Friday, November 09, 2007

The Dance Re-Mix: How To Ruin A Good Song

1. Find a pleasant, mellow, soothing song with a gentle voice and a tender theme.
2. Speed the song up twice as fast.
3. Add a loud, thumping, and annoying backbeat
4. Find the hip-hop singer whose song is popular that week.
5. Add him yellng "Re-Miiiiixxx" for ten seconds at the beginning like a Mexican soccer announcer calling a goal.
6. Have him record a fifteen-second monologue that has nothing to do with the original theme of the song. Make sure he includes the word "booty."
7. Record him saying "yeah" and "uh-huh," and sprinkle at random throughout the song.
8. Distribute the re-mix to radio stations and dance clubs.
9. Make sure that radio stations never play the original song again.


Mauricem said...

True. Sometimes they're good, but most are just lame.

Monkey Migraine said...

This was particularly inspired by the re-mix for Fergie's "Big Girls Don't Cry." That sucks so bad they could use it for a vacuum.

Mauricem said...

Unfortunately for us it wasn't a remake. She co-wrote the song. Wikipedia had this to say:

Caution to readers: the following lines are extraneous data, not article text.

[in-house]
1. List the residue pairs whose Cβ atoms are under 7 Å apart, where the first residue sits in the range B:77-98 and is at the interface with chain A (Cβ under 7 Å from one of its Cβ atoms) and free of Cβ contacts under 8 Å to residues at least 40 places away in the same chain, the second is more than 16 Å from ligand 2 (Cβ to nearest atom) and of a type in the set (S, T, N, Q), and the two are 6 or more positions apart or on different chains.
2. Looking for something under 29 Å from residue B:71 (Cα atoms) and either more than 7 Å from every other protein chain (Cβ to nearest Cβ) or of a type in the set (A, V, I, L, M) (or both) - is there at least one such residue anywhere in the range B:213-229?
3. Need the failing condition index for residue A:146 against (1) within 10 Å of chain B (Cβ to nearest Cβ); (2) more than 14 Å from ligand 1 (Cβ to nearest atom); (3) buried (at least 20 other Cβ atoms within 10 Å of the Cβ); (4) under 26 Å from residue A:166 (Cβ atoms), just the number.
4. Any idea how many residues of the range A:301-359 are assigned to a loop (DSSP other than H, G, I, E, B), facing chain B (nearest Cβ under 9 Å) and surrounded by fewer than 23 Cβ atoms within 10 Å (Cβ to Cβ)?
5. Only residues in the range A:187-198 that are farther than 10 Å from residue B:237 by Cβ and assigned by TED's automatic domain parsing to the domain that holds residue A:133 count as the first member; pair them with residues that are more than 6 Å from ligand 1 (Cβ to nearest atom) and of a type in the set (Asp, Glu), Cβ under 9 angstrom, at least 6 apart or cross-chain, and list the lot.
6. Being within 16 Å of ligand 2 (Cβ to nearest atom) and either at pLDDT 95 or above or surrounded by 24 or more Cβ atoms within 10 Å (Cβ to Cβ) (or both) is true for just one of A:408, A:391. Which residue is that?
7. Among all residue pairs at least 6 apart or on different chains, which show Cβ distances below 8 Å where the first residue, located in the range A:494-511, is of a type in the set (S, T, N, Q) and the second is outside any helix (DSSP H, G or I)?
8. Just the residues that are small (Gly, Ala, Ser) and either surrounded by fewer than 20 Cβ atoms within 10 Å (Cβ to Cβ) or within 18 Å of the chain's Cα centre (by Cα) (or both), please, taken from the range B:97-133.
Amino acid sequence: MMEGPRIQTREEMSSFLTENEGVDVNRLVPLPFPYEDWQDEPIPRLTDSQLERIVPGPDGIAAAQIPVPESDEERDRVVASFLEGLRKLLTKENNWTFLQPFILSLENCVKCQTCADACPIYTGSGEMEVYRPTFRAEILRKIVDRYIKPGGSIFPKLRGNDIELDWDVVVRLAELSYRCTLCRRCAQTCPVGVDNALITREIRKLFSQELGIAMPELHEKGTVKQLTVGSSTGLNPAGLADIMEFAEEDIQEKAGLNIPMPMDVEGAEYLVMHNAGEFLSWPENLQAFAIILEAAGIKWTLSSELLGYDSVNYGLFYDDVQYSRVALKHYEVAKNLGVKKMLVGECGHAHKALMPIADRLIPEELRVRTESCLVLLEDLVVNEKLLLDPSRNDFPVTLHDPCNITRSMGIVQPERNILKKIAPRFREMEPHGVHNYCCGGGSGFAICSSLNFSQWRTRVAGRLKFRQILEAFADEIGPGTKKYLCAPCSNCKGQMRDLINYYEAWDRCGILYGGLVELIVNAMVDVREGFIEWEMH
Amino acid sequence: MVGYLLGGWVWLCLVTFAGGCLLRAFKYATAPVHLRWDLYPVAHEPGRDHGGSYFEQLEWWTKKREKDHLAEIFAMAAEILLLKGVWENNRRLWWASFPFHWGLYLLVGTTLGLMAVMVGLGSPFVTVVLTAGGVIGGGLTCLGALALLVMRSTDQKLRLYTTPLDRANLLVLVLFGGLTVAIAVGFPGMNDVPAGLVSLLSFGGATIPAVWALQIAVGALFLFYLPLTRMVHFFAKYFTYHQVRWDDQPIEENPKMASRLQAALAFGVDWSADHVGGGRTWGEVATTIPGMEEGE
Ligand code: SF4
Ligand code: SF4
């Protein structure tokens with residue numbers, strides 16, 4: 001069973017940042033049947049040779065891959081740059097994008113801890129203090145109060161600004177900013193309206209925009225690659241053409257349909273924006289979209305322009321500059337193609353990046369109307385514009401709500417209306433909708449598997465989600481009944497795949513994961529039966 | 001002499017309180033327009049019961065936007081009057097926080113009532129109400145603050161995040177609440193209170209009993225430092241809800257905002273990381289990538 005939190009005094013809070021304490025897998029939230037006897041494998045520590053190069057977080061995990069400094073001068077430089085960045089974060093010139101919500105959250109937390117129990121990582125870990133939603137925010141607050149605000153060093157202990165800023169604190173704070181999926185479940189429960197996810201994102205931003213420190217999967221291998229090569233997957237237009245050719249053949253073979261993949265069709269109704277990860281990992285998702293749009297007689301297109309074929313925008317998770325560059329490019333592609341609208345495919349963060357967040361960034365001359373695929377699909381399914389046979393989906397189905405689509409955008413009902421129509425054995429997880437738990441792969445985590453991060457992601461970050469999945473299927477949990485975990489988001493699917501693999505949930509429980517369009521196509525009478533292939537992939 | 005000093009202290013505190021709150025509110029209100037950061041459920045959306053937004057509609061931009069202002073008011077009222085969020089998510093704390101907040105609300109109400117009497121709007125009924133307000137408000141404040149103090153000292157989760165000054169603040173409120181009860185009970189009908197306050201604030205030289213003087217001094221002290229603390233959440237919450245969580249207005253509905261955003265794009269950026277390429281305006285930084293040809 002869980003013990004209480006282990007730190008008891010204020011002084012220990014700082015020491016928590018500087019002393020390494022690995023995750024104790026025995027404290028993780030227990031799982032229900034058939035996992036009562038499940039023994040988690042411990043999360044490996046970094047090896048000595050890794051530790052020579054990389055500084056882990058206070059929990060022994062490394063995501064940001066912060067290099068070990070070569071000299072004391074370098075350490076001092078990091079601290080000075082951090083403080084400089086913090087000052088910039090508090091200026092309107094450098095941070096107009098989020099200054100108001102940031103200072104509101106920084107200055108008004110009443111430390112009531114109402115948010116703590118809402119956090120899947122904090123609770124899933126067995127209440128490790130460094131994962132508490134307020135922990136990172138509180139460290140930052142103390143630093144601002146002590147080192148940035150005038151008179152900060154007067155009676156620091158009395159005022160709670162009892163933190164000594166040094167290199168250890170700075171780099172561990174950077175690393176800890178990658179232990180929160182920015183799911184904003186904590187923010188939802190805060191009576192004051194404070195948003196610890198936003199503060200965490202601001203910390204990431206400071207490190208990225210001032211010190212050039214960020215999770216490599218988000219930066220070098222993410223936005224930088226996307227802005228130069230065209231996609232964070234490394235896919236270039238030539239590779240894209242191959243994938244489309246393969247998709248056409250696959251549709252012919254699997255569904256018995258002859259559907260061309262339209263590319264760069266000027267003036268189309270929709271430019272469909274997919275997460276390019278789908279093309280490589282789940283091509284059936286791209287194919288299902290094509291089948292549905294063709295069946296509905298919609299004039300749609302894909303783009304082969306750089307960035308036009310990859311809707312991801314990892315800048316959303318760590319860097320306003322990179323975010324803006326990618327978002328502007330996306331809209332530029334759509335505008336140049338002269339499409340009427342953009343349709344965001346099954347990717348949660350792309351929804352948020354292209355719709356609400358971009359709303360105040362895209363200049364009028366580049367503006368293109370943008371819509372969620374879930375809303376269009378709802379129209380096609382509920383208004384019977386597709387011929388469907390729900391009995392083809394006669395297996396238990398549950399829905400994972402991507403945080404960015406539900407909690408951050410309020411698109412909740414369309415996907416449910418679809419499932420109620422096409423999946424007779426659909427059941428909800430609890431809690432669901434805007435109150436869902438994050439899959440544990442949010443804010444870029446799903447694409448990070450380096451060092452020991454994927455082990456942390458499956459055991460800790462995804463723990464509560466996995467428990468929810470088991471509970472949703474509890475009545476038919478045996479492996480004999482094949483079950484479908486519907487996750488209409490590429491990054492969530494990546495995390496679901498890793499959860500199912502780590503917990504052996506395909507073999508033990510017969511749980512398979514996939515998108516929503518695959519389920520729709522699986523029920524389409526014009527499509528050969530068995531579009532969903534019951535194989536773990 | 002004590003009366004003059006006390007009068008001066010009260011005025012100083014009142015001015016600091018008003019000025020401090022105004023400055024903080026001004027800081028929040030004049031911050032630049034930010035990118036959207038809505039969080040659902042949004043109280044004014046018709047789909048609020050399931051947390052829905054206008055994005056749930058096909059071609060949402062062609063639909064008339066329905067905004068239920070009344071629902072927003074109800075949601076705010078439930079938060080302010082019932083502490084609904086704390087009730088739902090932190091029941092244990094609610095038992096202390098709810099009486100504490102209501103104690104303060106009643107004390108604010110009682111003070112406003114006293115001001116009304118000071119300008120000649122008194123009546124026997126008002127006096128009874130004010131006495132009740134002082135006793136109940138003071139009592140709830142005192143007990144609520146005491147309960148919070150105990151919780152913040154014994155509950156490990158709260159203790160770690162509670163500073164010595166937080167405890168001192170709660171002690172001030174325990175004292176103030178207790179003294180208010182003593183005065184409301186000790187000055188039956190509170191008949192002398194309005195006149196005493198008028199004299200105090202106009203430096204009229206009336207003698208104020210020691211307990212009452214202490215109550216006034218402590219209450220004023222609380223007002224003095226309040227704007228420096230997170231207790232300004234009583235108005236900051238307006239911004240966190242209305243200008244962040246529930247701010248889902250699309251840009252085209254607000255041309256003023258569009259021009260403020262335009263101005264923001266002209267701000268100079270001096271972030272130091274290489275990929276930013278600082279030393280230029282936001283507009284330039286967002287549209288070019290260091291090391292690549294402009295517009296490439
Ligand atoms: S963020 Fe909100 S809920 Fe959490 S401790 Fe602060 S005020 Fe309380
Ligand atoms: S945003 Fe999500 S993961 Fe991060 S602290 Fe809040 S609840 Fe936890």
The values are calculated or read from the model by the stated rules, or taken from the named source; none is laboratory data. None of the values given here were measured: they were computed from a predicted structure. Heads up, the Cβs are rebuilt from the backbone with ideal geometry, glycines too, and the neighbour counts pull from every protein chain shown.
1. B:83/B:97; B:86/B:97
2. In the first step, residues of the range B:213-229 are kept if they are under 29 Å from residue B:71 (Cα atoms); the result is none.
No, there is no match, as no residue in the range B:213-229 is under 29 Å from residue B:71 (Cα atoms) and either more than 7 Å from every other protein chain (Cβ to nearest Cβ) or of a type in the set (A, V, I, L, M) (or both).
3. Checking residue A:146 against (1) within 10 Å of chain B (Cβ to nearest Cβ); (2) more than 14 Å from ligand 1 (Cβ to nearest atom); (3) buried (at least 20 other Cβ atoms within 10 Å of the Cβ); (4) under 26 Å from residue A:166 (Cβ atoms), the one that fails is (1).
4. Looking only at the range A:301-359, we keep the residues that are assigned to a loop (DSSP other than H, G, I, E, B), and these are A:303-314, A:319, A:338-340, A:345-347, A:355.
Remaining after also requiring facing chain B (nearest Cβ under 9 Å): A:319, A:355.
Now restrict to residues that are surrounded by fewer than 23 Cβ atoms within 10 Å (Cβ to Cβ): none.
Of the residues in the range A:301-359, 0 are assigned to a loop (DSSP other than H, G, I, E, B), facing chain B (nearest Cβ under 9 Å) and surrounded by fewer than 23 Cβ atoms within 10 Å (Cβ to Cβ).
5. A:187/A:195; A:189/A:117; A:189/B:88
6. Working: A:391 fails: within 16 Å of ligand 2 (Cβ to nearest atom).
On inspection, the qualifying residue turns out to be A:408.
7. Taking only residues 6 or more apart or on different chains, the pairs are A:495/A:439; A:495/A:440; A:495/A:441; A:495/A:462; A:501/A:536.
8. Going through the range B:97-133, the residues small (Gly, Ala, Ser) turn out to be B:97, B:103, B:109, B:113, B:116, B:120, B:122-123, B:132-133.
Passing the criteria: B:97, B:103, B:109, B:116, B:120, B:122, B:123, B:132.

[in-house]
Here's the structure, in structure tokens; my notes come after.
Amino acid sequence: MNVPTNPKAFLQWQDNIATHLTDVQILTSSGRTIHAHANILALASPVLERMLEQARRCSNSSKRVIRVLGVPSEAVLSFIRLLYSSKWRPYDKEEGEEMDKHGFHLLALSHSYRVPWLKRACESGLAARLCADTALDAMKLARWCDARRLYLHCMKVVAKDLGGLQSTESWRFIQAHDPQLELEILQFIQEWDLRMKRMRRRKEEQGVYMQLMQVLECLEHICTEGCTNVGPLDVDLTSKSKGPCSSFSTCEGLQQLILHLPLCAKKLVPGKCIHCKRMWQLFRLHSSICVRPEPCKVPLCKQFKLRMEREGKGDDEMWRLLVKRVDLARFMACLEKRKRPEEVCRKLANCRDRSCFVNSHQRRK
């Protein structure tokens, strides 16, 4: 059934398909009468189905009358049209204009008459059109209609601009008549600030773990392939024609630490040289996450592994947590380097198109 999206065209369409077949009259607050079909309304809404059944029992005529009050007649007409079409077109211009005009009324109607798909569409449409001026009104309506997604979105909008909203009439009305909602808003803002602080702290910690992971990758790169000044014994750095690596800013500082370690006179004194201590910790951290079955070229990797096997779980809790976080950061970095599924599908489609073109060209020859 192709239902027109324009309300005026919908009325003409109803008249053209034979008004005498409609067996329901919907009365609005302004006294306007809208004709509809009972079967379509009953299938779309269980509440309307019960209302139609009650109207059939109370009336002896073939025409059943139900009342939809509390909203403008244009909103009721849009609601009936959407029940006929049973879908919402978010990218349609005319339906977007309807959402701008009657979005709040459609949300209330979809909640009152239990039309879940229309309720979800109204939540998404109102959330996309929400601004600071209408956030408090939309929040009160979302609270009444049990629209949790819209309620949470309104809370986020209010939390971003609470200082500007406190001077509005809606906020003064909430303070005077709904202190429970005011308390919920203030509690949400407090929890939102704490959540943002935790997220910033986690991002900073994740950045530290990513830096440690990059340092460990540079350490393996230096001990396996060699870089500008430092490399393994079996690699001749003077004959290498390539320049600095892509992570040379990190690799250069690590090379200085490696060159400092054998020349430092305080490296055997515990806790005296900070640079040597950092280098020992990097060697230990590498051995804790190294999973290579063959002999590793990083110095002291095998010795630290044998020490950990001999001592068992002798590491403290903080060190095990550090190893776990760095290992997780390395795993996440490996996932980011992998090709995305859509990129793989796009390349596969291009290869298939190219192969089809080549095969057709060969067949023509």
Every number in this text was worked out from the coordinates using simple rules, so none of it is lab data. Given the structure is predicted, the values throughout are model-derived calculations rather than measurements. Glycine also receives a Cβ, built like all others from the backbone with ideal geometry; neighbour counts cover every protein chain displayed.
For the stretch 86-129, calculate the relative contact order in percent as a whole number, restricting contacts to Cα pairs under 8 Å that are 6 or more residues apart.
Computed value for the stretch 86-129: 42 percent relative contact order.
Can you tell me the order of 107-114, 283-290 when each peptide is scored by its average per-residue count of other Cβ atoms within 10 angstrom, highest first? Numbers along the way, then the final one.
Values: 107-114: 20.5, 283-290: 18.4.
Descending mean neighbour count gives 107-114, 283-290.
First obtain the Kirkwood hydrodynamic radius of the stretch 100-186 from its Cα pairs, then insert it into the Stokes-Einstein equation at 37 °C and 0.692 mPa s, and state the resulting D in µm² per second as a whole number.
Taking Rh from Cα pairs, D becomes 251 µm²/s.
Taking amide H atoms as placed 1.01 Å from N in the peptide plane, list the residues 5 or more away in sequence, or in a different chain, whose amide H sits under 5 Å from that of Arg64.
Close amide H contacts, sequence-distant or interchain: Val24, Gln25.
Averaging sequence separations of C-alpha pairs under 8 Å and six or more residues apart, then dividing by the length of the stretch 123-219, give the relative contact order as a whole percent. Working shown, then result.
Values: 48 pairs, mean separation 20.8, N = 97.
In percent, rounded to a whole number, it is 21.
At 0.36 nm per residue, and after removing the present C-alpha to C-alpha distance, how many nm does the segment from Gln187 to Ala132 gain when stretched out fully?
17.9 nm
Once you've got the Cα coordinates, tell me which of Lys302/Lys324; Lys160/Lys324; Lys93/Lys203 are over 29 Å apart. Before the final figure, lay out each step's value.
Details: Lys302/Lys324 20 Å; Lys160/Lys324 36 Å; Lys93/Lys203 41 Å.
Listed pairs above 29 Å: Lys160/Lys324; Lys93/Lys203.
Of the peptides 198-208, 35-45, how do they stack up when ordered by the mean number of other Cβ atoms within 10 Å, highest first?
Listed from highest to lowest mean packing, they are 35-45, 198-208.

*Song controversy*

After "Big Girls Don't Cry" was written, Fergie and her management felt that the song did not fit the theme of her album and decided not to record it. However, her management felt that the song was too strong to let go, so they decided to shop the song around to different record labels. Eventually, the song was sold to Bad Boy Records where it was handed to Jordan McCoy. McCoy's team felt they had a huge hit on their hands and quickly recorded the song, assuring Fergie and her management that they were going to release it as a single.
However, according to McCoy, after Fergie heard their finished version, she had a change of heart and recorded the song as well. Without the knowledge of Bad Boy Records, Fergie went ahead and tagged it on to her album at the last minute. Jordan and her team were upset by Fergie's decision, and scrapped the entire project and considered suing Fergie. However, because Fergie co-wrote the song, she had partial ownership and they could not sue her.